MorningGlory Posted March 1, 2012 Share Posted March 1, 2012 My son did algebra (Jacobs, Life of Fred, AoPS) in 6th and into 7th. Then geometry (Jacobs--2 edition) in 7th and 8th. He will start Algebra 2 (Forester's) next week so it should run through 8th & 9th. I also plan for him to do AoPS Counting & Probability in 9th (so he will have 2 math credits that year). I've read so much about not rushing into Calculus. That point of view has lead me to write this plan down. Who knows what we will ACTUALLY do when the time comes? If he wants to move on into calculus, then I will not stop him. 10th: AP Statistics @ PA Homeschoolers AND AoPS Number Theory (so again, 2 math credits) 11th: Precalculus AND 1/2 credit of Sabermetrics (baseball statistics course designed by Northwestern) 12th: either AP Calc or dual enrollment at local CC We did spend 1 and 1/2 years on algebra using 3 texts. I wanted him to see the material presented in different ways. This child knows algebra!! LOL! Hope that helps, Jetta Quote Link to comment Share on other sites More sharing options...

jengjohnson Posted March 1, 2012 Author Share Posted March 1, 2012 Thank you all SO much. I took my high school math in high school and finished with trig my senior year, so I didn't have a clue how to proceed. Thanks!!! Quote Link to comment Share on other sites More sharing options...

regentrude Posted March 1, 2012 Share Posted March 1, 2012 DD did algebra 1 in 7th. She skipped 8th. Geometry in 9th Algebra 2 and precalculus in 10th (just finishing) will do Calc 1 and calc 2 in 11th Multivariable calc and (perhaps diff eq) in 12th DS did algebra 1 in 6th. 7th: some more algebra, and a semester on counting& probability to "park" him and have him mature before moving to more abstract concepts in 8th. Maybe geometry in 8th, maybe alg 2, will see. Quote Link to comment Share on other sites More sharing options...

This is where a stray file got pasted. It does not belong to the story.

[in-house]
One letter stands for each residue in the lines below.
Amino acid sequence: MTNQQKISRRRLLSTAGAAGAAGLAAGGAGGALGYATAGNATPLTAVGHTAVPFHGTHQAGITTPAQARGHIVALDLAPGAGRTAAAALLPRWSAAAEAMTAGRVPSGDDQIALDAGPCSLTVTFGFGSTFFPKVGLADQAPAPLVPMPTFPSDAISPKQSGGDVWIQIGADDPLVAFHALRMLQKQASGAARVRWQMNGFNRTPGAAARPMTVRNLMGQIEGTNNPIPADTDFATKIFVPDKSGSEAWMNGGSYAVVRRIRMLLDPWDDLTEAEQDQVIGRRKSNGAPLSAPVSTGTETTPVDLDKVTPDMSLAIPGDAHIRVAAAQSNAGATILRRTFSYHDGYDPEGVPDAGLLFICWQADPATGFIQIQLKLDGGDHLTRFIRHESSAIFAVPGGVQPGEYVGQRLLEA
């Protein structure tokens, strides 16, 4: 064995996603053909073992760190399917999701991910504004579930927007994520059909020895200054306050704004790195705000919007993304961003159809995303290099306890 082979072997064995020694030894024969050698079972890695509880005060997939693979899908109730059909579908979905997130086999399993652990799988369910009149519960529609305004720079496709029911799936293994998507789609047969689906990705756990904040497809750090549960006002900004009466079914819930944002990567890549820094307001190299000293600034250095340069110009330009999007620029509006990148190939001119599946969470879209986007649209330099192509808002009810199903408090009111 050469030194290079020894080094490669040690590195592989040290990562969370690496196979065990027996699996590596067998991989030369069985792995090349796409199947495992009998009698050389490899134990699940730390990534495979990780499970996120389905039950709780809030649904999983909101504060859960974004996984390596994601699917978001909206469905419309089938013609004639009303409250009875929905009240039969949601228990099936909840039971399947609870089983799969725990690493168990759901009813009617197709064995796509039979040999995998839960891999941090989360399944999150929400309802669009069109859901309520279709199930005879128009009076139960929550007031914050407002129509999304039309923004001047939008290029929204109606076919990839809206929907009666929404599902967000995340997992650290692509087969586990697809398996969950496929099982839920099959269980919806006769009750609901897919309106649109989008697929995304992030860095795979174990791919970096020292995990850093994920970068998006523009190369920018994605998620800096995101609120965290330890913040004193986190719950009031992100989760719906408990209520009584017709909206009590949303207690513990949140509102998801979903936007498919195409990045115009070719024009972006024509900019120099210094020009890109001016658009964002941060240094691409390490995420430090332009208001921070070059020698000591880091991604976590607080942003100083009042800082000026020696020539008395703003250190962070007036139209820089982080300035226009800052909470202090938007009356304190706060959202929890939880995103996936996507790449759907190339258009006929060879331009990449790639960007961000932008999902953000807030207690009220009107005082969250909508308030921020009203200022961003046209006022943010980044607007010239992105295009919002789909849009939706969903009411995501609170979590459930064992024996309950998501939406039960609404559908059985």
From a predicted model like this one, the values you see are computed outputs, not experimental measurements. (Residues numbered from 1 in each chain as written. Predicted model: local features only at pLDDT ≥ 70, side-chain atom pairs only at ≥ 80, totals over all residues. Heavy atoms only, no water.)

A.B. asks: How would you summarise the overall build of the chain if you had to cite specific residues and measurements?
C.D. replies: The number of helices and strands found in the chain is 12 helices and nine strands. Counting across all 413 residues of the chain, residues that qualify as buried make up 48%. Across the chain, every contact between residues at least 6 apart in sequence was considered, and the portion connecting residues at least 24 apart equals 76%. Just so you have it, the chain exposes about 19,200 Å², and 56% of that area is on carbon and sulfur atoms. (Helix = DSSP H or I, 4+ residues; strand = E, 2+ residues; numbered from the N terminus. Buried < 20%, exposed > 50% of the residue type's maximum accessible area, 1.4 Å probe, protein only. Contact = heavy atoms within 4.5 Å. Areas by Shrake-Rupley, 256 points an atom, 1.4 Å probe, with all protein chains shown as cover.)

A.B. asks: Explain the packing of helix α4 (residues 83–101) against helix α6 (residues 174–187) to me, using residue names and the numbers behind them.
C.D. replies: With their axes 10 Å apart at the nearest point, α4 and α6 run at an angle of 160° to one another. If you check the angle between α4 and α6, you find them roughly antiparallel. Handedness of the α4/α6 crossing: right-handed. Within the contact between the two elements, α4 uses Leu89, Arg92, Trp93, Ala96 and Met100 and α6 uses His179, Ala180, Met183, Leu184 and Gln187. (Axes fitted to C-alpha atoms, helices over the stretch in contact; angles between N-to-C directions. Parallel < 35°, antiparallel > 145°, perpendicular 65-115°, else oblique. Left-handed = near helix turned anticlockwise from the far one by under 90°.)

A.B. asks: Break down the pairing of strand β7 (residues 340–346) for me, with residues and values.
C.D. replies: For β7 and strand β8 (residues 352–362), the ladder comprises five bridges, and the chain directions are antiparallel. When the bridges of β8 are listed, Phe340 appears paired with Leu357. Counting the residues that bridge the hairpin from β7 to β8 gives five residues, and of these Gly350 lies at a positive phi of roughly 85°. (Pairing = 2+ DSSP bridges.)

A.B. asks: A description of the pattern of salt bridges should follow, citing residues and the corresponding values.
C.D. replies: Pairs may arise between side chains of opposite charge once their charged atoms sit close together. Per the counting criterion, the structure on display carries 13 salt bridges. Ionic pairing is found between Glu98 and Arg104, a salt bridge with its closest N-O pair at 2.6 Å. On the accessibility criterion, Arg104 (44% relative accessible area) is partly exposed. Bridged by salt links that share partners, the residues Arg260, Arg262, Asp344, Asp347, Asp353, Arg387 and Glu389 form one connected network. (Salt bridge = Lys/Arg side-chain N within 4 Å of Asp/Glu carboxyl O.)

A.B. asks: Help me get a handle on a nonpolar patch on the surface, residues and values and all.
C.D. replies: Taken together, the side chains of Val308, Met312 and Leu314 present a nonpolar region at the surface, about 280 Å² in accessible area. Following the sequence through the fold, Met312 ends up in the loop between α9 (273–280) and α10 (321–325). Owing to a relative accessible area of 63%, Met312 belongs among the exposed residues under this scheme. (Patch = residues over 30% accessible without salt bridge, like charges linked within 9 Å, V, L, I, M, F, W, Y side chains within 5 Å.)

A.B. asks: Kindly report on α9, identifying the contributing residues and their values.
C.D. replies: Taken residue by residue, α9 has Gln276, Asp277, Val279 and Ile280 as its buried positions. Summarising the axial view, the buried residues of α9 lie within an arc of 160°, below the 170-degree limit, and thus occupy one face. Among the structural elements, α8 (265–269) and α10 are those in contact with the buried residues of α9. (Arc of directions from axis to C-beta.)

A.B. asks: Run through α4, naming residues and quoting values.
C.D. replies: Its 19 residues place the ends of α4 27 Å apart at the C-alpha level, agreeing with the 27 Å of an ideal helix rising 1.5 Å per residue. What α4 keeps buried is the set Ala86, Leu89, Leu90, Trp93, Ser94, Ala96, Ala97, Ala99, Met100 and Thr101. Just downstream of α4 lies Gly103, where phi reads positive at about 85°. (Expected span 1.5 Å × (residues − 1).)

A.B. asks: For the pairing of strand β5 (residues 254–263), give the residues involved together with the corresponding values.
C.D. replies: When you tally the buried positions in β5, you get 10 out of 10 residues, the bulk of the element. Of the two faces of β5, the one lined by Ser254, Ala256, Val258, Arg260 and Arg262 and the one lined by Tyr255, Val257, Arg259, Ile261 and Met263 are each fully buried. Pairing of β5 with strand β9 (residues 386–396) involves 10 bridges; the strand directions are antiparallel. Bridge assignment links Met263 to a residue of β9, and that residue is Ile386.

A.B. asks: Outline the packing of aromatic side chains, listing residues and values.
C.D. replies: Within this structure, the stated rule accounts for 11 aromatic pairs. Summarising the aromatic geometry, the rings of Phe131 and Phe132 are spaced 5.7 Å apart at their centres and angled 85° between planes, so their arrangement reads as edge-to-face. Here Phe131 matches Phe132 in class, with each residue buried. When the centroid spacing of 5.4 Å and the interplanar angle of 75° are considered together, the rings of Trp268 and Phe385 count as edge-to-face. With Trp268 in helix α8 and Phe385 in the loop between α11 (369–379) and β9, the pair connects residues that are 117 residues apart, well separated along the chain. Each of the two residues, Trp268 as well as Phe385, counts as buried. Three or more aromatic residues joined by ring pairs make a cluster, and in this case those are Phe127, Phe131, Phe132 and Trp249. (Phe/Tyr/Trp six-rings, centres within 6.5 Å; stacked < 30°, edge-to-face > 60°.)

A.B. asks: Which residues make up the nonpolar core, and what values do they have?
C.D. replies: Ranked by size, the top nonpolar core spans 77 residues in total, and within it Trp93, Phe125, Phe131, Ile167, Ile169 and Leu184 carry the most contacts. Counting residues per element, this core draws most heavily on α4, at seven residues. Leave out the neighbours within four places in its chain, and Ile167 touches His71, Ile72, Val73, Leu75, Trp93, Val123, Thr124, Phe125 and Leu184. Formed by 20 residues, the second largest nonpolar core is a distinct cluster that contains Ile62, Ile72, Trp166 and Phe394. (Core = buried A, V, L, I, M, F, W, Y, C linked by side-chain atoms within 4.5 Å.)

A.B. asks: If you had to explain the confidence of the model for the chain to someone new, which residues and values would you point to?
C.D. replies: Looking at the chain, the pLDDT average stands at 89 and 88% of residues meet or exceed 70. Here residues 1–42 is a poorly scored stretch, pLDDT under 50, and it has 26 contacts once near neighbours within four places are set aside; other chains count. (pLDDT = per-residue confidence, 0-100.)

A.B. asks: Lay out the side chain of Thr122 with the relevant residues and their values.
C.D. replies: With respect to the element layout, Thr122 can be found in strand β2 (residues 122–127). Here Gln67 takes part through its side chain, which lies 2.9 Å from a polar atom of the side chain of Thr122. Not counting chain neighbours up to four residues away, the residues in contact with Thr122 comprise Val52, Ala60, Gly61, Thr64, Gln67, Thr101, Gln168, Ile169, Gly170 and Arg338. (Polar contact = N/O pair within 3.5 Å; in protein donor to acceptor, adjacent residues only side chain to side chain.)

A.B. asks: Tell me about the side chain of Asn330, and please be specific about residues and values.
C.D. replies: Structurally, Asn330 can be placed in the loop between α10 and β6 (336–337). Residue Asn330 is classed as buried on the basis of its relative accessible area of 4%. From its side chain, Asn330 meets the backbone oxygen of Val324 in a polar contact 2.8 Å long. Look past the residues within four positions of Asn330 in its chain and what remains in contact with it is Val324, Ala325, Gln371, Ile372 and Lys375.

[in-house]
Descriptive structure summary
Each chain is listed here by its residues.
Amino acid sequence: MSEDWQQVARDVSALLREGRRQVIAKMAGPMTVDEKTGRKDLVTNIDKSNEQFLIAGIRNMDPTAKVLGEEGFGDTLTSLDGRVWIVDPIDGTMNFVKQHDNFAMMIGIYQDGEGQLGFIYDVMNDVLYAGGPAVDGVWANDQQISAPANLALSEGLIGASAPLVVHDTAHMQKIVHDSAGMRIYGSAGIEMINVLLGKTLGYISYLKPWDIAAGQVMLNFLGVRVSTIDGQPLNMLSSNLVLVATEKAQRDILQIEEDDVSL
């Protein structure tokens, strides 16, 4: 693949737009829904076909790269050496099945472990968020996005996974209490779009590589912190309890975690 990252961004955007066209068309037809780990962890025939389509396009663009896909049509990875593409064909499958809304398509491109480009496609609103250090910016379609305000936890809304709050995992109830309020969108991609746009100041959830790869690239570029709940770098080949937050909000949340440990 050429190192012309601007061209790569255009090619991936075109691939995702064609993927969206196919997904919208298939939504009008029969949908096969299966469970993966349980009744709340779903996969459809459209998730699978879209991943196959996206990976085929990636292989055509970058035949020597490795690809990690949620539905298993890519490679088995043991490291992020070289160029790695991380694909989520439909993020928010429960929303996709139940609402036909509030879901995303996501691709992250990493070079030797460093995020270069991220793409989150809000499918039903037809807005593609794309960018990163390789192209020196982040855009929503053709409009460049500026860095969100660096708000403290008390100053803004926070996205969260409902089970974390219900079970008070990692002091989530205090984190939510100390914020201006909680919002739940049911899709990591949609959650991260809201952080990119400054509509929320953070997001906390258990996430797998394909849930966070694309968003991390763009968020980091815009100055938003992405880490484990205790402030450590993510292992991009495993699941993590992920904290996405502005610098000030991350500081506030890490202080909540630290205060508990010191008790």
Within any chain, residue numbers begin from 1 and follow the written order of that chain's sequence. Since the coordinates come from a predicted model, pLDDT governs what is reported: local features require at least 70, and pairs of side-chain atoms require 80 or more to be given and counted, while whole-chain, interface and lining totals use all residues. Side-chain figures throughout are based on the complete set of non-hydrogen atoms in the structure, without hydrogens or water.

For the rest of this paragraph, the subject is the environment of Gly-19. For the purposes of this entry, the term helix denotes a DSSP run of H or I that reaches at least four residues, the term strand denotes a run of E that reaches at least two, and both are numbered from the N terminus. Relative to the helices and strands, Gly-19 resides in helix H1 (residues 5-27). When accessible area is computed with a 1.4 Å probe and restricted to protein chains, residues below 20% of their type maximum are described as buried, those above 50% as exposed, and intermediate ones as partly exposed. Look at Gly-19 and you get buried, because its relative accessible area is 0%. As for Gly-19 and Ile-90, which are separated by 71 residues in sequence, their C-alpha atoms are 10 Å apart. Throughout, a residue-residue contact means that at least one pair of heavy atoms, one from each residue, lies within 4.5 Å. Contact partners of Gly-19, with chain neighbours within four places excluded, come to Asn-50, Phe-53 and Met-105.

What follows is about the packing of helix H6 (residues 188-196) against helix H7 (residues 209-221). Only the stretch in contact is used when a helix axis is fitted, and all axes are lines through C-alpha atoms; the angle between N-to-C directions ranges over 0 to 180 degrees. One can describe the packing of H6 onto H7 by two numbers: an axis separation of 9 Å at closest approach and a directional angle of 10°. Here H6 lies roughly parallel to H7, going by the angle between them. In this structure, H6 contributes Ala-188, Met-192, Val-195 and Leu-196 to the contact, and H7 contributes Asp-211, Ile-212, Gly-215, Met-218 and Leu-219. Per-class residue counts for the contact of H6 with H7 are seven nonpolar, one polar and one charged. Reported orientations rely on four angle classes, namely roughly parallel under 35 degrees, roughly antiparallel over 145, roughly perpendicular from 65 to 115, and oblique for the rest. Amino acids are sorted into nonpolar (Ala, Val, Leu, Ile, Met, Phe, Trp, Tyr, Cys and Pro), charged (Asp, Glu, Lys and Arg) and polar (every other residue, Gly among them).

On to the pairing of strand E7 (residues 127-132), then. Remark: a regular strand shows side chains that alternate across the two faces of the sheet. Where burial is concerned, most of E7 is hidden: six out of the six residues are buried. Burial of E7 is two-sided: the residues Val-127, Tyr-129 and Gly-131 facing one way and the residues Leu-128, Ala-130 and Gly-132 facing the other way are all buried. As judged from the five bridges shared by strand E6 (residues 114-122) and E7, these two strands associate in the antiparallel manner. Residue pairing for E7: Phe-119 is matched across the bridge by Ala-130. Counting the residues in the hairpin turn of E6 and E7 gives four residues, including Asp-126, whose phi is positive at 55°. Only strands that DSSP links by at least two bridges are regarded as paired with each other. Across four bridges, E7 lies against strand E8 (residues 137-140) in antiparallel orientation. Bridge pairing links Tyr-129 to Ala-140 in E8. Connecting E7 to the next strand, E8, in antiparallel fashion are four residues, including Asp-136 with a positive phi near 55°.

Mandy in TN Posted March 1, 2012 Share Posted March 1, 2012 (edited) I was told by several friends that if my middle ds was going to need a calculus sequence it would be better to wait and do the entire sequence at the same institution. In other words, if you take calc1 at the community college, you may be setting yourself up in a difficult situation when you attempt calc2 at university. Let's see if I can remember. Alg1 Geometry Alg2 Advanced Math (We just used stuff the tutor had, but you could use AoPS Alg3.) Precalculus (high school Pre-calc with a tutor) Community College Precalculus Alg (sem1); Precalculus Trig (sem2) My middle ds is a confident math student and never had any trouble, but he is not a child who was chomping at the bit to move forward quickly. Sure, precalculus Alg first semester was an easy A, but it was a confidence boost. This sequence worked fine for him. Mandy Edited March 1, 2012 by Mandy in TN Quote Link to comment Share on other sites More sharing options...